For COPD, he often finds the breathing problems associated with a shortened esophagus caused by a hiatal hernia, in addition to ventral vagal dysfunction. He gives a self-massage exercise that can fix such a hernia (essentially a gentle push on the stomach that stimulates the esophagus to lengthen and the stomach to drop). In addition to the basic exercise (see below), this is often enough to fix symptoms, even if lung scans still show problems. (Hiatal hernias are often a hidden problem associated with ADHD in children, too.)

For shoulder/neck pain, the culprits are CN XI, the trapezius, and sternocleidomastoid muscles (or the levator scapulae, if the pain while turning the head is experienced on the same side you're turning it - in this case the treatment is massage of the supraspinatus). For the SCM, the exercise is to lie on your stomach, lift your upper body by supporting with your elbows/lower arms, arch your back so your head is straight up like a baby, then turn your head as far as you can to each side for 30-60 seconds.

For migraines he gives some diagrams of effective trigger points on the trapezius and SCM muscles, showing the four forms migraines tend to take and which trigger points apply to each pattern of migraine.

A few other random things I found interesting:

-"Light stroking of the face often calms us and helps us out of a state of stress." (Cranial nerves V and VII innervate the skin and muscles of the face.)
-Importance of body awareness: "Awareness of our body can help us avoid getting carried away by emotions that can lead to faulty neuroception." (i.e., our 'sixth sense' of the threat or safety of our environment.)
-raising our eyebrows, opening the eyes wide "improves our sensory intake and helps us be more present to what is happening around us."

If anyone has any questions, I can go into more detail - this is just a very basic summary. But probably the most important exercise is what he calls the "basic exercise." It's very simple and has the effect of activating the ventral vagus and aligning the atlas and axis vertebrae. Here's a video demonstration:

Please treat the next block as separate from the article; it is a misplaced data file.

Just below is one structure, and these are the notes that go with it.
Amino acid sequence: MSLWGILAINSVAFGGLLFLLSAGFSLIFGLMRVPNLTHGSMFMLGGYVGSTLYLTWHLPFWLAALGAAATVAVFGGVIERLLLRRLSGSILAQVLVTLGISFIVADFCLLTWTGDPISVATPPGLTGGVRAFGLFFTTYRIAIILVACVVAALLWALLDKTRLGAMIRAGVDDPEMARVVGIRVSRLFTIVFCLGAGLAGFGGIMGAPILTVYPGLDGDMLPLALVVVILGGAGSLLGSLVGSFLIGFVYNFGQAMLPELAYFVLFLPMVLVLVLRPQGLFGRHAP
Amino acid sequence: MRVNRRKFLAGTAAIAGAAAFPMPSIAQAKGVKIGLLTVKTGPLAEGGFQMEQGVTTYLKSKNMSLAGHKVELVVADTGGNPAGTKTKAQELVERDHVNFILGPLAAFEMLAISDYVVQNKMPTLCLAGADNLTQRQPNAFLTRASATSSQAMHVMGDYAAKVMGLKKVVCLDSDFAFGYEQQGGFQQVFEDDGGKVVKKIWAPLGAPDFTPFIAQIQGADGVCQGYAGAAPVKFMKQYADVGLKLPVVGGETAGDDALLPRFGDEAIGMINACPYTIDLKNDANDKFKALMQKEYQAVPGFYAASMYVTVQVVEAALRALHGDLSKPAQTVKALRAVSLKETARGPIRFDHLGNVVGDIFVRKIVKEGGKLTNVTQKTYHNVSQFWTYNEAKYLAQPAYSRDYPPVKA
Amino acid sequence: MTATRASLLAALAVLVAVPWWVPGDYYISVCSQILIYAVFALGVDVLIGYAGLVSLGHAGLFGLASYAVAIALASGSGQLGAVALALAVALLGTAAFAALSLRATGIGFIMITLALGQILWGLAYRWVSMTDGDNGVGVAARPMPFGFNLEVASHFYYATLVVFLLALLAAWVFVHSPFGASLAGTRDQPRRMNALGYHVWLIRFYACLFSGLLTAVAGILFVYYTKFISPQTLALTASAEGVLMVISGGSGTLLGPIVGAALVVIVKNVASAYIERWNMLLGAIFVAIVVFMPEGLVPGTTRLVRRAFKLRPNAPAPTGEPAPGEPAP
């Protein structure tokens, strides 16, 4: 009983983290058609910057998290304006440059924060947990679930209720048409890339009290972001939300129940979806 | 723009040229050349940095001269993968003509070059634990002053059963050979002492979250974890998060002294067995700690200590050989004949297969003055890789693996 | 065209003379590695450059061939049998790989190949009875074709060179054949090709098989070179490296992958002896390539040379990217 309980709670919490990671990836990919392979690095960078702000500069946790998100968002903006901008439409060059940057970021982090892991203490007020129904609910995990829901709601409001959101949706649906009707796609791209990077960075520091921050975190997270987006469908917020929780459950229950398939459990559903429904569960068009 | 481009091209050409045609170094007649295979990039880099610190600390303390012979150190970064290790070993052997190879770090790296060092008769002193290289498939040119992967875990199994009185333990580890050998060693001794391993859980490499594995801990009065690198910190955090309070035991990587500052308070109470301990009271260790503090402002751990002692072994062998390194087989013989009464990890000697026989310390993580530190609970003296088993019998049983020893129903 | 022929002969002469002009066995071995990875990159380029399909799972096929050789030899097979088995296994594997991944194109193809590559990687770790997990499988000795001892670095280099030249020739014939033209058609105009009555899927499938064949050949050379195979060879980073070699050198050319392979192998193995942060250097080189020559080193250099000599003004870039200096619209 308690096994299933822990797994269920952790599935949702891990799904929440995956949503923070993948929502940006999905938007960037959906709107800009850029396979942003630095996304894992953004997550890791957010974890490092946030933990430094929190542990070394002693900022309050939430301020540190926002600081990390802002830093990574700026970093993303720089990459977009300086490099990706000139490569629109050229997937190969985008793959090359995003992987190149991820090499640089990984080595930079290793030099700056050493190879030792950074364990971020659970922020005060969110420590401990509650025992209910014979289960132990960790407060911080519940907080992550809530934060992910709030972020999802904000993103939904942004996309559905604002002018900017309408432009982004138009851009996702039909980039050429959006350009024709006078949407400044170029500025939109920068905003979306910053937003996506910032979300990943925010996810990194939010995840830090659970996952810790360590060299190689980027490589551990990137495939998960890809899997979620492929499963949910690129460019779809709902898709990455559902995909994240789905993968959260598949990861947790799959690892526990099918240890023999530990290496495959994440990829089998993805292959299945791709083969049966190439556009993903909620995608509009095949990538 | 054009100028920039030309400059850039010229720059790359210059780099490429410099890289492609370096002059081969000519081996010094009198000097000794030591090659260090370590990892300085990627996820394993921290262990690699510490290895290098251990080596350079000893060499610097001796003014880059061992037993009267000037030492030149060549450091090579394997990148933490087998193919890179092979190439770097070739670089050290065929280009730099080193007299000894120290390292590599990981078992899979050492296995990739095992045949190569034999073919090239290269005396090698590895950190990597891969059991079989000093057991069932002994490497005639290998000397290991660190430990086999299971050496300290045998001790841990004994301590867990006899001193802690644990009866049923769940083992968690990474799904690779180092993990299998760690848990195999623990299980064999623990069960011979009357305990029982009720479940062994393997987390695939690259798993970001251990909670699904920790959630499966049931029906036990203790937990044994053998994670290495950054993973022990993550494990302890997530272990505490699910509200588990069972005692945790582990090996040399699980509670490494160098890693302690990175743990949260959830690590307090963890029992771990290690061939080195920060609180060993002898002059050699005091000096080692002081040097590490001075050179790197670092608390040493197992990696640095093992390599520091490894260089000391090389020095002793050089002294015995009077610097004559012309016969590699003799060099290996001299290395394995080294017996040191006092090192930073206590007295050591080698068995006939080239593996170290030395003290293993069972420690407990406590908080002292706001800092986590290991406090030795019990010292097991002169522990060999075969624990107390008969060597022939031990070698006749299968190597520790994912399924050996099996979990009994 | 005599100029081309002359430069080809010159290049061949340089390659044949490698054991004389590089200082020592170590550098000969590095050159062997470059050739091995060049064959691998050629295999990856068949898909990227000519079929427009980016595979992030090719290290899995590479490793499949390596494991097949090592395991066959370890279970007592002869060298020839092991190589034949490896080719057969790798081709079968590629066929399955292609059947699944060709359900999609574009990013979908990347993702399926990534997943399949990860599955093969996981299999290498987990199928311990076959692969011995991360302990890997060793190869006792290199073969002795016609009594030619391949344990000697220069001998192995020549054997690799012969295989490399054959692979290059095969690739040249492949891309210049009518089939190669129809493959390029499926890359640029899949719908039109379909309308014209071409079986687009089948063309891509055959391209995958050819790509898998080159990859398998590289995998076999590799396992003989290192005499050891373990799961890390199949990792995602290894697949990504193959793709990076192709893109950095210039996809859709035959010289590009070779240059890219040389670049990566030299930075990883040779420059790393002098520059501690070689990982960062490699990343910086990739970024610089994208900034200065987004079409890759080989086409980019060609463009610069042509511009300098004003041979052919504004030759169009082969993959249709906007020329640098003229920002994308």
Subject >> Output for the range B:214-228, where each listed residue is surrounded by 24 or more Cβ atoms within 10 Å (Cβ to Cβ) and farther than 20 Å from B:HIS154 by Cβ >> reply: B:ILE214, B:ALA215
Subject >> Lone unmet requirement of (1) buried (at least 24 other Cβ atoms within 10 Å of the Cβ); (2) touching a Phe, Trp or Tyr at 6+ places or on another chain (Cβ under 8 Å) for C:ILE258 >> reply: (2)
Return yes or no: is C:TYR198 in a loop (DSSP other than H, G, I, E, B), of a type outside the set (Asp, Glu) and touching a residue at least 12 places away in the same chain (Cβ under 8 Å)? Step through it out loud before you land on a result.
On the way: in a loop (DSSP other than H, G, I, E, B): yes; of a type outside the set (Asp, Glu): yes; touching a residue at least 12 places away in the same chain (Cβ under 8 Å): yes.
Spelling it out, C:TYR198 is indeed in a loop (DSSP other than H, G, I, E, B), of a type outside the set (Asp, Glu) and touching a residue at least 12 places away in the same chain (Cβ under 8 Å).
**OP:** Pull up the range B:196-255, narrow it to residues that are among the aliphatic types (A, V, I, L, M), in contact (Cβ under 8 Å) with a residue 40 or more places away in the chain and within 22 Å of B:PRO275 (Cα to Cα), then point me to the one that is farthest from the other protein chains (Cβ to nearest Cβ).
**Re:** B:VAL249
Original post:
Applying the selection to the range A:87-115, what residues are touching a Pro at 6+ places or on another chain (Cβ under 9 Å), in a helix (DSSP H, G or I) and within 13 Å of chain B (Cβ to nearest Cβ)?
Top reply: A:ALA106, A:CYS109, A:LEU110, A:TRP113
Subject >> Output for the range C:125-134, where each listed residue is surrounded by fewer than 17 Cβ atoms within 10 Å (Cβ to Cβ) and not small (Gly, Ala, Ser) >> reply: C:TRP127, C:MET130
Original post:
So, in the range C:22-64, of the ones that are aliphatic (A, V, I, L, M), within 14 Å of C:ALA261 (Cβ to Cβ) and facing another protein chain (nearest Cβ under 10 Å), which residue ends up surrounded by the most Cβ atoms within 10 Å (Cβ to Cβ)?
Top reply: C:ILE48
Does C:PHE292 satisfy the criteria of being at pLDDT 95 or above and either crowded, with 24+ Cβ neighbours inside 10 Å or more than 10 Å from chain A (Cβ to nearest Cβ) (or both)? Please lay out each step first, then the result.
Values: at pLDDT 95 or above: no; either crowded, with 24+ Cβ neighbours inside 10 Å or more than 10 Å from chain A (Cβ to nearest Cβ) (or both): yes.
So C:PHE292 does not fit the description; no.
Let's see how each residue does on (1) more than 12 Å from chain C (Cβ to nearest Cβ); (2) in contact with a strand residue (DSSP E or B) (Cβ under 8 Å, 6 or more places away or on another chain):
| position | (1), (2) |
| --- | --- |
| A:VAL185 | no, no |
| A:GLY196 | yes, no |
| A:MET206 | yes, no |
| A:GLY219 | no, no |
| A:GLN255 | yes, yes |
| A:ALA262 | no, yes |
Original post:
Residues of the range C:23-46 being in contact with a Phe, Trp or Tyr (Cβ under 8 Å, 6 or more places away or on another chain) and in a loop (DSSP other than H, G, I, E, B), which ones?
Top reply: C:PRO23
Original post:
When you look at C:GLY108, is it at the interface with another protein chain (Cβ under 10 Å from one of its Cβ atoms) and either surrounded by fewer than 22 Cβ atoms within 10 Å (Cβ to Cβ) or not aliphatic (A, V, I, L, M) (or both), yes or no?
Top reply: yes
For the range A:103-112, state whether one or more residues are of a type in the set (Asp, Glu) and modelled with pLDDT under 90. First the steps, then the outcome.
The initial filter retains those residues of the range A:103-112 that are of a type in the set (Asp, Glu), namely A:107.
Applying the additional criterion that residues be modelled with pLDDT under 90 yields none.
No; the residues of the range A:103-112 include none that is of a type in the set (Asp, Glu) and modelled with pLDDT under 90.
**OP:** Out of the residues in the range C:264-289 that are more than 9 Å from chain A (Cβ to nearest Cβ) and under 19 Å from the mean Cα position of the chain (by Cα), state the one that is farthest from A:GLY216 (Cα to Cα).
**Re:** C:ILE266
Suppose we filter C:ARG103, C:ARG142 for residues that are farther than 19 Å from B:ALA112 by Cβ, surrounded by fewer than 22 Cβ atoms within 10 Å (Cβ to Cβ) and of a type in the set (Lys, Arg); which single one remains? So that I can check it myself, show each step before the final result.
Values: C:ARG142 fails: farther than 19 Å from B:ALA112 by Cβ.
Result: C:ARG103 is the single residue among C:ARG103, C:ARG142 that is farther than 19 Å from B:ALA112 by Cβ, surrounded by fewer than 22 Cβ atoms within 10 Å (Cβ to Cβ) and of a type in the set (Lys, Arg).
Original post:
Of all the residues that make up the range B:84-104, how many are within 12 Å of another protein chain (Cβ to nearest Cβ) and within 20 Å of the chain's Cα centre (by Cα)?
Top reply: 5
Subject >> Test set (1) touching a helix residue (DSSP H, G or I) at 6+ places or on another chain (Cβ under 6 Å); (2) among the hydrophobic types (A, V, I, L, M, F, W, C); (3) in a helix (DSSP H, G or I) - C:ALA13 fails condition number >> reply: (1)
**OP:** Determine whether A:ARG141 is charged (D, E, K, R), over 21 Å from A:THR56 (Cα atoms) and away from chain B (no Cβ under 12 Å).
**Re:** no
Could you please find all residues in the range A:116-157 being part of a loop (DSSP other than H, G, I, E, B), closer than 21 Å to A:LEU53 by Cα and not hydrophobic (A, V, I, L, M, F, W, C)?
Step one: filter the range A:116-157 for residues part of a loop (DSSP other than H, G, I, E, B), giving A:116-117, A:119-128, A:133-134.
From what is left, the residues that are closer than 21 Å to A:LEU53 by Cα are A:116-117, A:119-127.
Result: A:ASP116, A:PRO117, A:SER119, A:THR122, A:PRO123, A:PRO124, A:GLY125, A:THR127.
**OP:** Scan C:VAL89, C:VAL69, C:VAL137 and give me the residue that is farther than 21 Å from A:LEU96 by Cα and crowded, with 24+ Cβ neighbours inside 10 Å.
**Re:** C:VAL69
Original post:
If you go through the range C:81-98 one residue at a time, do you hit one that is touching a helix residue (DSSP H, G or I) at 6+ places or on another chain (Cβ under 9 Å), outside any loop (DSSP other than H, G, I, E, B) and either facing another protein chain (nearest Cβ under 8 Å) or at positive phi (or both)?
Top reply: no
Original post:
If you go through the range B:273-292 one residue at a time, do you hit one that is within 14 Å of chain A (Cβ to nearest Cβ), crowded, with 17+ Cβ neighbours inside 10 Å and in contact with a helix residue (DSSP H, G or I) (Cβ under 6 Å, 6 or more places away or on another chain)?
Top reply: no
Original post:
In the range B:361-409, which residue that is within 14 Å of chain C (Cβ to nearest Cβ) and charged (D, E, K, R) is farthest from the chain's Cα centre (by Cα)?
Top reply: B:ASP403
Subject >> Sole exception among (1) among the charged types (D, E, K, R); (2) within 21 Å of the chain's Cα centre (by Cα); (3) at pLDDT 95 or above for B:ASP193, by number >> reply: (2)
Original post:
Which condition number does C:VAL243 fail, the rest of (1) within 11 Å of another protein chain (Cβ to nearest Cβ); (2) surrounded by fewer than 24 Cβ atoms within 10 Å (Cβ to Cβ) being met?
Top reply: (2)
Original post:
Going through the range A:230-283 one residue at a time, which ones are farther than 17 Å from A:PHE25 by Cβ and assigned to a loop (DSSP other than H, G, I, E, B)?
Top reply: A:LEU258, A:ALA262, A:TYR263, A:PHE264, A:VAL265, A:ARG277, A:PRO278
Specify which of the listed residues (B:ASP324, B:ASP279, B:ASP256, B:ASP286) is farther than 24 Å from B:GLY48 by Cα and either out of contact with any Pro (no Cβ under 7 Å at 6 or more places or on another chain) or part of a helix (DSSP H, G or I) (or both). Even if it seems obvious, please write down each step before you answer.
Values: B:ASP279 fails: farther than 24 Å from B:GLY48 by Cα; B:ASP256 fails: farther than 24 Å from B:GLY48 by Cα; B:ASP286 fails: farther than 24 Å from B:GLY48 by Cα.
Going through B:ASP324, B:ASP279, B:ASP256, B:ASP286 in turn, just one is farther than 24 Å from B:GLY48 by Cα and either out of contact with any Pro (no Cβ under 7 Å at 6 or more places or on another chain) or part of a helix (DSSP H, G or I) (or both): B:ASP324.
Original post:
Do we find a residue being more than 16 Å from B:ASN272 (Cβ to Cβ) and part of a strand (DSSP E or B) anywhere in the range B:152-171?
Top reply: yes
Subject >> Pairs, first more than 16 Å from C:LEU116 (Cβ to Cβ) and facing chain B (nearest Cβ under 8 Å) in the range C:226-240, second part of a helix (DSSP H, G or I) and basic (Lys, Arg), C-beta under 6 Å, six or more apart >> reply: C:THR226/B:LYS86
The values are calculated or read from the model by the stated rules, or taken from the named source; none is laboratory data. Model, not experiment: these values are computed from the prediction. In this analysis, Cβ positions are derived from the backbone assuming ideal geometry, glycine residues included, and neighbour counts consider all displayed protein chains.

He gets all his clients to do this one and reports that it's quite effective on its own or combined with the other exercises (about 7 are included in Part Two of the book, with some variations) and massage/body work.

The book:

 
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aragorn

The Living Force
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Thanks, very interesting. The basic exercise looks to be utilizing eye movement, similar to EMDR therapy. I've recently started reading this book by Francine Shapiro, who apparently invented EMDR. If anyone's interested, here:

 

Anthony

The Living Force
FOTCM Member
Thanks AI, I started reading the book yesterday and tried some of the exercises, will report back on effects after some more practice.
 

Ennio

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FOTCM Member
We had a chance to discuss some of the insights of this great book, and connect a few related dots, on the most recent MindMatters show:

MindMatters: First Sight, Polyvagal Theory, and Contemplative Practices

What does meditation or contemplation have to do with our physiology? And what is the possible connection between our autonomic nervous system and a coherent theory of psi? Today on MindMatters we bring together three topics: contemplative practice (see our interviews with Fr. Joseph Azize), first sight theory (see our interview with Dr. Jim Carpenter), and Stephen Porges's polyvagal theory, as discussed in a recent book by Stanley Rosenberg, Accessing the Healing Power of the Vagus Nerve.